An Overview of the UK’s Controlled Substances List

Possessing, using, supplying, and even disposing of regulated chemicals is strictly controlled by drug legislation that differs from country to country. The Misuse of Drugs Act 1971 (MDA) and Misuse of Drugs Regulations 2001 (MDR) are the main frameworks by which regulated substances are controlled in the UK, following a scheduling structure similar to that of the Controlled Substances Act (CSA) in the United States. However a very different approach in the way analogues of controlled substances and novel psychoactive substances (NPS's) are defined between the United States and the UK leads to significant divergence in what is considered controlled.

What is the Controlled Substances List?

The Home Office curates a list of regulated chemicals described as the most commonly encountered drugs currently controlled under the MDR, and though it is extensive, it is not exhaustive.

A controlled substances list was published on GOV.UK to create a more user-friendly method of identifying whether or not a chemical falls under the scope of UK drug legislation. Naturally, this controlled substance list focuses on substances with a high potential for abuse. However, unless specifically excepted, all scheduled drugs include salts, isomers, and salts of isomers, esters, ethers, and more.

  • Schedule 1: Potentially harmful chemical substances believed to have no therapeutic benefit (i.e. 3,4-methylenedioxy-methamphetamine, or MDMA).
  • Schedule 2 & 3: Drugs that can be legally prescribed by pharmacists and doctors with legal authority and which may be possessed with a prescription (i.e. diamorphine hydrochloride).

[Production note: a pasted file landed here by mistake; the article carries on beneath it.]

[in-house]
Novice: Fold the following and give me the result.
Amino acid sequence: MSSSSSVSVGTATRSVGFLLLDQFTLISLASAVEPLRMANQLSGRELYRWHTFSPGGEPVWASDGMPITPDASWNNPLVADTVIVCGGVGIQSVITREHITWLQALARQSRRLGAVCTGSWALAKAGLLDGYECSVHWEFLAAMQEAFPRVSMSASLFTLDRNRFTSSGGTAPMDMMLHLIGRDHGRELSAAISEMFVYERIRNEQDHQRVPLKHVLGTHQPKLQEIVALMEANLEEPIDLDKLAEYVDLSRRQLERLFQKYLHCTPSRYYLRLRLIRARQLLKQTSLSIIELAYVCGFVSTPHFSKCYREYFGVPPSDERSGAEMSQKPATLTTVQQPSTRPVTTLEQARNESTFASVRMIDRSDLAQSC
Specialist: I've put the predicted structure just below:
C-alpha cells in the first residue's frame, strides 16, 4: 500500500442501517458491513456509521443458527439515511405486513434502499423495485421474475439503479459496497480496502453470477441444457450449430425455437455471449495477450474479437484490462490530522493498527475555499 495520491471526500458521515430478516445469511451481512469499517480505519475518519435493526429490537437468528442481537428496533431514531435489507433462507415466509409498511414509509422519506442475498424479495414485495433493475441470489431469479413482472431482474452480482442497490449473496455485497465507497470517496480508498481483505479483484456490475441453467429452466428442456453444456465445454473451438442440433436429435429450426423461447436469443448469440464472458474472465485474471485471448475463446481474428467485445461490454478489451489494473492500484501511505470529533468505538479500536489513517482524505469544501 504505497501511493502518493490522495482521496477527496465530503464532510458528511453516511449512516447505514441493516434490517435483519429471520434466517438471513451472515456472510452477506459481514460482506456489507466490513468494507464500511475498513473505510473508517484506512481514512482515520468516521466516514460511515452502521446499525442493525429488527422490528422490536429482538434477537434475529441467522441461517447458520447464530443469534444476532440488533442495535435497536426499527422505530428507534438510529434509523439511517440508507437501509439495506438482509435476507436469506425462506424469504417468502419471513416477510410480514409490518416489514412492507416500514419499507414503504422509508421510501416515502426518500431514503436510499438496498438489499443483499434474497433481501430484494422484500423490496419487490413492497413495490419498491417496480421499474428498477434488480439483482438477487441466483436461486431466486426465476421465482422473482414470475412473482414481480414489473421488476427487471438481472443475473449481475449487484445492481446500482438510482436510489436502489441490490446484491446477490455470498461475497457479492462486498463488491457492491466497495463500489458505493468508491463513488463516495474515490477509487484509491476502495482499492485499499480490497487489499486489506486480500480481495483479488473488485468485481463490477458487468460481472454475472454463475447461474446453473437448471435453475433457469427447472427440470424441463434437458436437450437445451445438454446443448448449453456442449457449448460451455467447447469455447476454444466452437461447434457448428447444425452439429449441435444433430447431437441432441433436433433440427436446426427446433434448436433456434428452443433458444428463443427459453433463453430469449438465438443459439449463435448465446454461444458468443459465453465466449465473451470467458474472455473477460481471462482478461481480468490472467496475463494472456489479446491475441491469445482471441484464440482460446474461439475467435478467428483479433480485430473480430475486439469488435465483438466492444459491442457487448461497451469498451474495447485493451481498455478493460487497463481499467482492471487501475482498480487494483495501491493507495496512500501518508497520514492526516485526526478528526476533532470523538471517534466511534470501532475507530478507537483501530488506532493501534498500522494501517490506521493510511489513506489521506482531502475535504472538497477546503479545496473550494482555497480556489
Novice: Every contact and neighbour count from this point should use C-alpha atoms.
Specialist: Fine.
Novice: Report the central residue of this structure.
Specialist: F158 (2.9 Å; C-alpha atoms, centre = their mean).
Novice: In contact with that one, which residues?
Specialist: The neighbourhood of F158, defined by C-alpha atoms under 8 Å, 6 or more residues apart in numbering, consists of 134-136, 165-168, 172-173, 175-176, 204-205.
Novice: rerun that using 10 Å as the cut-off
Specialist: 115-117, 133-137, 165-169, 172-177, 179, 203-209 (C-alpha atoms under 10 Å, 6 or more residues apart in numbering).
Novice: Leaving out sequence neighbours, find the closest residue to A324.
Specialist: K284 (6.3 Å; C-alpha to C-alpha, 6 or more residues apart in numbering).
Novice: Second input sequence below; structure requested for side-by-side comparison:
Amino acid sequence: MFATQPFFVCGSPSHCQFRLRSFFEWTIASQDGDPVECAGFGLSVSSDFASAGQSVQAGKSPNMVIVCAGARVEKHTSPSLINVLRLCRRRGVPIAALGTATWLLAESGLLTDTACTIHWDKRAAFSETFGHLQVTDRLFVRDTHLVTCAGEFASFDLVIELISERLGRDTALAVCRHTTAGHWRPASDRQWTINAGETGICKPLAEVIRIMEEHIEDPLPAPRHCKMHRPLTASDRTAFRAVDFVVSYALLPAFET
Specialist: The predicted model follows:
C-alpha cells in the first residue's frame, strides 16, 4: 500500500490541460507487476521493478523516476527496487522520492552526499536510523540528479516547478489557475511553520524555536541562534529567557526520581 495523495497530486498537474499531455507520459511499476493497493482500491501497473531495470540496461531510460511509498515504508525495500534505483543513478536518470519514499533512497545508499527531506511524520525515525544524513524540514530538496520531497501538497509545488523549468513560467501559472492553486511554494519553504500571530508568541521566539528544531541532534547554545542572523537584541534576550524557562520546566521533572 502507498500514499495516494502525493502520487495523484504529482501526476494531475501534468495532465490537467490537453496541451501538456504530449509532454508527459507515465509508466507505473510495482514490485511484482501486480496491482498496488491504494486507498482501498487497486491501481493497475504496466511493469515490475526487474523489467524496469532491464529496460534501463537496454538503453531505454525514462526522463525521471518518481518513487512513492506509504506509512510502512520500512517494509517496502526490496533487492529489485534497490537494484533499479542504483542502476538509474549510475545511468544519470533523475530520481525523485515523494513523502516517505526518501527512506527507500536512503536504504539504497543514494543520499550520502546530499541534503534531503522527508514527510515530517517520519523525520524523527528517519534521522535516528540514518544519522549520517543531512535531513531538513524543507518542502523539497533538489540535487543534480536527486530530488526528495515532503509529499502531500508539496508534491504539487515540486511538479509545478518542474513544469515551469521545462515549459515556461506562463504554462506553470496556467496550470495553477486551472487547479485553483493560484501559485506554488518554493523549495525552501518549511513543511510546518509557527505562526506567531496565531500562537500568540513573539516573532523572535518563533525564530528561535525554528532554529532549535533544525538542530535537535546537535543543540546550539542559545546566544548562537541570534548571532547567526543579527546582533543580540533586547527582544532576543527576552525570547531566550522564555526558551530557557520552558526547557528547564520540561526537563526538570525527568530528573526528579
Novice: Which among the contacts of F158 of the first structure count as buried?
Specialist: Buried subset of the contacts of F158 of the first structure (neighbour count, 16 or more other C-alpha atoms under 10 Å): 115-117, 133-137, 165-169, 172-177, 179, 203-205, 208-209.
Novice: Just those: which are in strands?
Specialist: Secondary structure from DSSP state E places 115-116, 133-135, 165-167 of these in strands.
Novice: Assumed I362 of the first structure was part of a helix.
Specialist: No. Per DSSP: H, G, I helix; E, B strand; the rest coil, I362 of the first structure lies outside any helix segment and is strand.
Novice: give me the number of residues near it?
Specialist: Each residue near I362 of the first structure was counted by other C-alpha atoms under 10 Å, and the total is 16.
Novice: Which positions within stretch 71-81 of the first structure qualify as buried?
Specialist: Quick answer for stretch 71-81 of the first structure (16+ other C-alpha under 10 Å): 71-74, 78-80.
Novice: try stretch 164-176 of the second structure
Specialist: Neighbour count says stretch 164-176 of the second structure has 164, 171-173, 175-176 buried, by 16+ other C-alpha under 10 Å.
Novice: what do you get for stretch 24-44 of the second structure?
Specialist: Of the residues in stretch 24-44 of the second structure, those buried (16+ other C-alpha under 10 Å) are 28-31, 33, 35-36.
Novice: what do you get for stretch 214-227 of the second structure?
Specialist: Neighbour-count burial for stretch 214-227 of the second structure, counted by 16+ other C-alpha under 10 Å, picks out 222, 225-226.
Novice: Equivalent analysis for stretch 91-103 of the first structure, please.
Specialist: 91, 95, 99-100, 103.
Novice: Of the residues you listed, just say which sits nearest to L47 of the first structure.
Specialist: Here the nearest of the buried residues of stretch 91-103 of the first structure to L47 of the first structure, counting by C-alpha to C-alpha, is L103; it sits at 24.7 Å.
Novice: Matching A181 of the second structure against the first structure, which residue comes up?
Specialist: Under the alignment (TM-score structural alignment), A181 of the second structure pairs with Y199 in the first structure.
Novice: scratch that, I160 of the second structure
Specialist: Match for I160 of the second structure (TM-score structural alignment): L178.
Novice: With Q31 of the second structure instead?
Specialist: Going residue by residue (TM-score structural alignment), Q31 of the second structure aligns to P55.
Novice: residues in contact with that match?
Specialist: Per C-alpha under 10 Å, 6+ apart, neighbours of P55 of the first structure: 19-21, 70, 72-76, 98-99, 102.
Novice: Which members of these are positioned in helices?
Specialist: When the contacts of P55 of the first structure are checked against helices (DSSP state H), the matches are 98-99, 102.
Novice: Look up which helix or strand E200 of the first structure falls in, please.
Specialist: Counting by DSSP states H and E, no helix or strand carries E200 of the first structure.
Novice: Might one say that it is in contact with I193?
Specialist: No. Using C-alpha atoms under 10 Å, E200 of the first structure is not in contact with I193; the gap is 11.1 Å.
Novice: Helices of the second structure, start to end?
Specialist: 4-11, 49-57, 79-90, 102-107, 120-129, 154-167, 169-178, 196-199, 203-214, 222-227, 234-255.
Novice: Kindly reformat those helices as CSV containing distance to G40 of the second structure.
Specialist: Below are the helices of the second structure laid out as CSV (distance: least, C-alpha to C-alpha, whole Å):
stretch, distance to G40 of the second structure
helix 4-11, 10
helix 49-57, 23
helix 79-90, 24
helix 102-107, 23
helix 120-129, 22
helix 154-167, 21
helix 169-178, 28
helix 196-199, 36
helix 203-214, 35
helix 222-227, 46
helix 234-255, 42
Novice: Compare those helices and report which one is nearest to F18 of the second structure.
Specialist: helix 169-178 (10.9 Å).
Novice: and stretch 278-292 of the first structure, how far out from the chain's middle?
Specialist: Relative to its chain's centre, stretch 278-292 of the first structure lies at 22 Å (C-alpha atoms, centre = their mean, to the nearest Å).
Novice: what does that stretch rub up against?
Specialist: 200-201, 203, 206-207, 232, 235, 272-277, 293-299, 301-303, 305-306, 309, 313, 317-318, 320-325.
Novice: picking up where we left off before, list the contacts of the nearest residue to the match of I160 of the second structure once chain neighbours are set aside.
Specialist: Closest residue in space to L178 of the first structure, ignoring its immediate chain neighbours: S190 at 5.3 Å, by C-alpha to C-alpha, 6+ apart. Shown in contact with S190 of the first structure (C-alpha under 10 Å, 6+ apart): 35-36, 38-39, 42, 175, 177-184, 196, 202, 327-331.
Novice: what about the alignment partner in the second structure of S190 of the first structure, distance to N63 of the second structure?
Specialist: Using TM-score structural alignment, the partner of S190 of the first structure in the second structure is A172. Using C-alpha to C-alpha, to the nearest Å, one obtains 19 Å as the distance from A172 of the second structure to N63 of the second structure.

• Schedule 4: Therapeutic drugs that can only legally be possessed with a prescription (Schedule 4 Part I) or are evidently for personal use (Schedule 4 Part II).
  • Schedule 5: Over-the-counter drugs that do not require a prescription for legal possession.

Since 1977 the UK has also made extensive use of a ‘generic statement’ controlling all related chemicals and chemical space with similar affects in the body. The goal is to prevent the deliberate or accidental supply of NPS's. An example of such a statement in the UK is:

“…any compound structurally derived from phenethylamine an N -alkylphenethylamine,a-methylphenethylamine, an N -alkyl-a-methylphenethylamine,a-ethylphenethylamine, or an N -alkyl-a-ethylphenethylamine by substitution in the ring to any extent with alkyl, alkoxy, alkylenedioxy or halide substituents, whether or not further substituted in the ring by one or more other univalent substituents.”

You can read more about these here. These statements, of which there are dozens in the UK regulations alone, means it is not feasible to simply rely on a published list of commonly encountered drugs.

Select drug precursors are also tightly controlled under the MDR to prevent the illicit production of narcotics and psychotropics. Controlled precursor chemicals are classified differently, falling into one of four categories depending on their role in drug production.

  • Category 1: Extremely sensitive chemicals readily convertible to a controlled drug (i.e. ephedrine, an essential precursor to methamphetamine).
  • Category 2: Less sensitive chemicals with everyday industrial use which are, nevertheless, essential for drug manufacture (i.e. acetic anhydride).
  • Category 3: Reagents and solvents often used in drug manufacturing (i.e. acetone).
  • Category 4: Specifically pertains to medicinal and veterinary products containing ephedrine, pseudoephedrine, or their salts.

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A range of supplementary resources are typically needed for end-users to determine if they need a license to produce and/or supply certain compounds, or check there chemical collections to ensure they have no such compounds. The full MDR regulations contain all the substances and categories of substances under Schedules 1–5. Still, these are regularly updated, and the burden of responsibility to react to reclassifications remains firmly with the user.

Furthermore, there is a common misconception that research or small amount exemptions apply to many substances listed as controlled. This is untrue. Users need not exceed a maximum amount of substance for criminal prosecution to be a risk, and a Home Office license should be obtained if you are handling any regulated chemicals on the UK’s controlled substances list.

How can Scitegrity Help?

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